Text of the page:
Is Your Loved One in an Abusive Relationship?

By Monesha, a Hotline Advocate

“Why don’t they just leave already?”

This is a question we hear often from family members and friends of people who are experiencing domestic violence. It can be so frustrating and heartbreaking to see someone you care about remain in an abusive relationship, and many people want to immediately go and “rescue” their loved one or convince them to “just leave.” But unfortunately it is not that simple; doing this could be very dangerous or make the situation worse. In order to truly help a person in an abusive relationship, it’s important to try and understand what they are going through, why they might stay in the abusive relationship and how you can support and shift power back to them.

Victims of abuse are in a world of mental and emotional pain and confusion. Abusive people can be extremely romantic and persuasive at the beginning of a relationship. They will do and say anything to make the victim fall for them. Once the victim becomes attached or dependent, the abusive behavior becomes visible with words or through physical action. One tactic that abusive partners often use is to blame their partner for their abusive behavior. The victim begins to believe that it is their fault their partner has “changed” because “they used to be a great person” before the abuse. It’s so difficult to see that their partner, whom they love and care about, is actually manipulating them.

Logically, they may realize that they should leave, but there are many reasons why a victim might stay. Like any other relationship, there are feelings of love and emotional attachment. Because of an abusive partner’s manipulation, a victim may believe that the abuse is justified, that they “deserve” it. An abusive partner may make threats to harm the victim, themselves or others if the victim tries to leave. They may use physical force to maintain control, or they may cut off a victim’s resources. Gaslighting is a very common and effective tactic; abusive partners convince the victim that the bad times are not a big deal, that the victim is “crazy” or overreacting emotionally.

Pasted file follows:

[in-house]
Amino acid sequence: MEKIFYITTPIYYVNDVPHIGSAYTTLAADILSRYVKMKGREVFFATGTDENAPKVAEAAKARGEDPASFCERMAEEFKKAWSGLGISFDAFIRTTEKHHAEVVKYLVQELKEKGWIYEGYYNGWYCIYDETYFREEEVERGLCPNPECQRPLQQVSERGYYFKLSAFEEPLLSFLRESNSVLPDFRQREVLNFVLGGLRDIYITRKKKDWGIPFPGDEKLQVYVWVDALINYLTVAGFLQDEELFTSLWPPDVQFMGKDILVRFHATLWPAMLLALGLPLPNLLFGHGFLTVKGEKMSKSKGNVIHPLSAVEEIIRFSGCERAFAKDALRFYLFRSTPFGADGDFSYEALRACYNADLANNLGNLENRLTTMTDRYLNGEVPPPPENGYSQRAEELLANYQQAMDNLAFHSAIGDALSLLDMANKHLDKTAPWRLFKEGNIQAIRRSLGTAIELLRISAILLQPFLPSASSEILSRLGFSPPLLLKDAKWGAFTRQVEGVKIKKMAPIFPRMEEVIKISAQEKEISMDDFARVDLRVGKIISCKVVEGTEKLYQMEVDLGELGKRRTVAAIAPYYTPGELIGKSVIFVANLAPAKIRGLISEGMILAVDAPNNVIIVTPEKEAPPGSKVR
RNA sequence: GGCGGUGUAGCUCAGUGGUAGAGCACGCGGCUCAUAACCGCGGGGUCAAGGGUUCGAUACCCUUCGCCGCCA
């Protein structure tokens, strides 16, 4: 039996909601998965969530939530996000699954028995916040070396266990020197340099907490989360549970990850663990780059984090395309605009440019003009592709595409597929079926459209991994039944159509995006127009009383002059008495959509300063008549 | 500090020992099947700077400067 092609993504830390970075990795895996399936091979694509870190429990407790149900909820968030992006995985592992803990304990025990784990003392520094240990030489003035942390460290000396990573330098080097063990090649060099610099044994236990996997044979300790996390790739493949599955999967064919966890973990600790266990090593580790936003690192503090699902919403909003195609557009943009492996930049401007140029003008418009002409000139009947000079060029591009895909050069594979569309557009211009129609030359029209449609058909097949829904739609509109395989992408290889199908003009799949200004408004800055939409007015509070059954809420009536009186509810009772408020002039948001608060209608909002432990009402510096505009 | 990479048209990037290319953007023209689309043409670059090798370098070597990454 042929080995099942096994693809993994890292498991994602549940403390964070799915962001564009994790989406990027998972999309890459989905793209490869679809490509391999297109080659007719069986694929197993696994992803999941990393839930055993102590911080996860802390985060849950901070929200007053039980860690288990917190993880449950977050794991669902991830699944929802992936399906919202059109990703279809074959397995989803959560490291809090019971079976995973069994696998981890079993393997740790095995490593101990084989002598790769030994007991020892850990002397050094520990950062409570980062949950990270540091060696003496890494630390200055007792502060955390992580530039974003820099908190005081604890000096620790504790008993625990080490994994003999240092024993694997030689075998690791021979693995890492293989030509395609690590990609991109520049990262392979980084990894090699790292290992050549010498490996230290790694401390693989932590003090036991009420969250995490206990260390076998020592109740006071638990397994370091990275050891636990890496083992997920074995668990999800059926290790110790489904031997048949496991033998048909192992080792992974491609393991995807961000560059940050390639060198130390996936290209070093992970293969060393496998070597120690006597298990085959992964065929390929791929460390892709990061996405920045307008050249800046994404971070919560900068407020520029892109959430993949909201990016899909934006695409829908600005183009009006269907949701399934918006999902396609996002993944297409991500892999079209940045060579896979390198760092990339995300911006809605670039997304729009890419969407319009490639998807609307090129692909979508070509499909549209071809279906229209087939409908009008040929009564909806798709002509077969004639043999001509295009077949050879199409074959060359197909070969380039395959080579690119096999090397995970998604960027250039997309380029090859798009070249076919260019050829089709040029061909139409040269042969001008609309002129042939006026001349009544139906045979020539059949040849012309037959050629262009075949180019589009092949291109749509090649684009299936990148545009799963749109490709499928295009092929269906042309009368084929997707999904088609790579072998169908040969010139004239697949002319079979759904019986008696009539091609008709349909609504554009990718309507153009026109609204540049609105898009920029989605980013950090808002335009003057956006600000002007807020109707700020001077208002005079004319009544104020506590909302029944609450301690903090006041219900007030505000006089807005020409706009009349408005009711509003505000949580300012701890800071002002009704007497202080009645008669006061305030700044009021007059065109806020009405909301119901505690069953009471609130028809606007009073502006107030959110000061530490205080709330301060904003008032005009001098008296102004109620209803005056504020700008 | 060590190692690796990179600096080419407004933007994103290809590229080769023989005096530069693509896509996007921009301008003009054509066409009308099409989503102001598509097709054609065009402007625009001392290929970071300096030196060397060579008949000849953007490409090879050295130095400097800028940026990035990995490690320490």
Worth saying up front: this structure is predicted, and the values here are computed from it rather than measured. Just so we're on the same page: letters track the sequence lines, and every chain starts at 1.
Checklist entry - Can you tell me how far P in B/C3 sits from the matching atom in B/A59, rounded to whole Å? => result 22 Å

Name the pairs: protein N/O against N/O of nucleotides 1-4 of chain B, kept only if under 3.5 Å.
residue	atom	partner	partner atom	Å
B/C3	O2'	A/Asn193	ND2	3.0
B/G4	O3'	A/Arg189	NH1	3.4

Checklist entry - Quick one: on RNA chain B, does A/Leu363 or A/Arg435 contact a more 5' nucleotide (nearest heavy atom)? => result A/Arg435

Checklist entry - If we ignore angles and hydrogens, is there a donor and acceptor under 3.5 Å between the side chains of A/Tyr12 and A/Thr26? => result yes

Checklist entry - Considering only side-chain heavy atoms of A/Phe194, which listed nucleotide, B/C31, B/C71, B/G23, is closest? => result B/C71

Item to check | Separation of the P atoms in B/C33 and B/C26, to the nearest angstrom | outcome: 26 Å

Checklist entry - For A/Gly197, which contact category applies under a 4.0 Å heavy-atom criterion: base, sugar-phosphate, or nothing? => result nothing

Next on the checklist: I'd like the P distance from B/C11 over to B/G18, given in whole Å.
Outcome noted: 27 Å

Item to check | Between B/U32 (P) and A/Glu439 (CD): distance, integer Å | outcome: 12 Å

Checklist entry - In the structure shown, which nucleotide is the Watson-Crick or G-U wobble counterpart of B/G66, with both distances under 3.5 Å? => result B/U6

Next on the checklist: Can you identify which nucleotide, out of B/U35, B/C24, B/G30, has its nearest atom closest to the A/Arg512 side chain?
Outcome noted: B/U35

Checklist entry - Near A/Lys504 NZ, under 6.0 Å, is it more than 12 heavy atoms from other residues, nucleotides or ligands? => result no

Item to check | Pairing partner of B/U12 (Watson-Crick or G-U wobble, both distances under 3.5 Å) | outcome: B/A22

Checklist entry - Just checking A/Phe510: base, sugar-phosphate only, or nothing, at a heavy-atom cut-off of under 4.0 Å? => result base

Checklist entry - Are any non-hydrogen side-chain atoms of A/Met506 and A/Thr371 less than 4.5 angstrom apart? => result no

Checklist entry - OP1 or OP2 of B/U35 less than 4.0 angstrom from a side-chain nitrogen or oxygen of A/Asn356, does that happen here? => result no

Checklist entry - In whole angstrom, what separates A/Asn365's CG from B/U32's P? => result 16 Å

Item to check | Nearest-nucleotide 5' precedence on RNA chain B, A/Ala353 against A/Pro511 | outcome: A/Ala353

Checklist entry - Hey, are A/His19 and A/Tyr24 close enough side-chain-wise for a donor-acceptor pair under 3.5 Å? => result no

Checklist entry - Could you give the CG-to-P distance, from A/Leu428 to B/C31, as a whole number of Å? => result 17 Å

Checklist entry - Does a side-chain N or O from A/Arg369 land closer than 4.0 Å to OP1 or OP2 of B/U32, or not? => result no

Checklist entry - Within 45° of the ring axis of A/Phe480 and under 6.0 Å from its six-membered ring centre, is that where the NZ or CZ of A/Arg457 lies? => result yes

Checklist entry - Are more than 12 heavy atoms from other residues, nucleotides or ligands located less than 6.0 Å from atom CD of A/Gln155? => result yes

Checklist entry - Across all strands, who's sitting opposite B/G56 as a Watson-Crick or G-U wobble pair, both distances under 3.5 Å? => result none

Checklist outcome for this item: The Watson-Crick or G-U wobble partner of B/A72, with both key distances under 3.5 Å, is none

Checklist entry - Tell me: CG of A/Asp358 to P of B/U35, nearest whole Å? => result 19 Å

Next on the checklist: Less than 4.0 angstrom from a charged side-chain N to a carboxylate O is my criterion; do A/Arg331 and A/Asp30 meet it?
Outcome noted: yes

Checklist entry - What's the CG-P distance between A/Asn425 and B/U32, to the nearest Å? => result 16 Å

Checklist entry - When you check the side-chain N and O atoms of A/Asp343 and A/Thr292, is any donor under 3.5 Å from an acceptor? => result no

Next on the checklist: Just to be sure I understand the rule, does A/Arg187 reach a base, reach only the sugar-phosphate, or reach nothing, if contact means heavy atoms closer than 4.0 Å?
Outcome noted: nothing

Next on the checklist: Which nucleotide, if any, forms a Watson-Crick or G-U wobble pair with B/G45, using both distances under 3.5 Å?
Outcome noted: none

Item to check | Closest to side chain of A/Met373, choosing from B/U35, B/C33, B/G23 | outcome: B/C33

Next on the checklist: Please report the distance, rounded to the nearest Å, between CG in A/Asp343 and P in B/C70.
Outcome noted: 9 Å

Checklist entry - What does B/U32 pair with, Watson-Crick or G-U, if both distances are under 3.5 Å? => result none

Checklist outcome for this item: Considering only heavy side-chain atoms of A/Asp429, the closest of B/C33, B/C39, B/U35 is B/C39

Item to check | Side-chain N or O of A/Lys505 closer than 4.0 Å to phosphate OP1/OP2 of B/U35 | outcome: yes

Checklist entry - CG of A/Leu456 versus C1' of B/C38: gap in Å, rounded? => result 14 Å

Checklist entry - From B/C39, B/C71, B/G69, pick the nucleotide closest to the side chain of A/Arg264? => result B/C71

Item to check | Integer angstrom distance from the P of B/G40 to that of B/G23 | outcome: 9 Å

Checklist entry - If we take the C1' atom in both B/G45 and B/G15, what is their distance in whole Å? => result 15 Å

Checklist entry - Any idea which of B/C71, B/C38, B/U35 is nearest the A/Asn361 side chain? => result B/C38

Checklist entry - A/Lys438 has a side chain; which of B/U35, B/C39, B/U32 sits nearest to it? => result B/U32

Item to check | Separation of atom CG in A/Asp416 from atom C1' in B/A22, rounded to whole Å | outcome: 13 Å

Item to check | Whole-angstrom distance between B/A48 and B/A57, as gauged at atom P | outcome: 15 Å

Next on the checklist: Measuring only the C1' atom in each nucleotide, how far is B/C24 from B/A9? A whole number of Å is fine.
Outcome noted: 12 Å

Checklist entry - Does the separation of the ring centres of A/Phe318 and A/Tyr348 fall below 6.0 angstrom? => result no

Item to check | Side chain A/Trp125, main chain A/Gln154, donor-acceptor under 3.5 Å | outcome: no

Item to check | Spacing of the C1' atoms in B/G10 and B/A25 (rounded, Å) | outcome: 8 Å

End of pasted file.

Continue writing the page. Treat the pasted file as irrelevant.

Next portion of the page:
How Can I Help A Loved One?

First and foremost, try to keep the lines of communication open with your loved one. Abusive partners will often try to isolate the victim from family and friends so they can have total power and control without any interference. An abusive partner might tell the victim that no one loves and cares for them as they do, and if the victim has no one to reach out to, they may believe the abusive partner is right.

Try not to speak negatively about the abusive partner. This may put the victim on the defense because they have already been manipulated to believe that the abuse is their fault. Alternatively, they may feel embarrassed or ashamed that they “allowed” the abuse to happen. It can be very difficult to admit to friends and family that the person they once thought was wonderful is actually abusive. Let them know that the abuse is not their fault. Try to listen without judgment and tell them you’re concerned for their safety. By treating them with kindness and respect, you remind them that they are worthy of such treatment.

Lastly, avoid telling your loved one what they should do. It can be confusing and puts an enormous amount of pressure on the victim. They are already in a situation where someone is exerting power and control over them. Instead, you can help shift power back to them by trusting that they know their situation best, and letting them know you are there to provide help and support. Create a safety plan with them, and let them decide what will make them feel safest, whether that includes leaving the relationship or not. You might also consider sending short, positive texts or emails (if they have indicated it is safe to do so) to let the victim know you are there for them, such as, “Just wanted to say hi and know that I love you and I am always here for you.’’ These small gestures can be very encouraging and go a long way.


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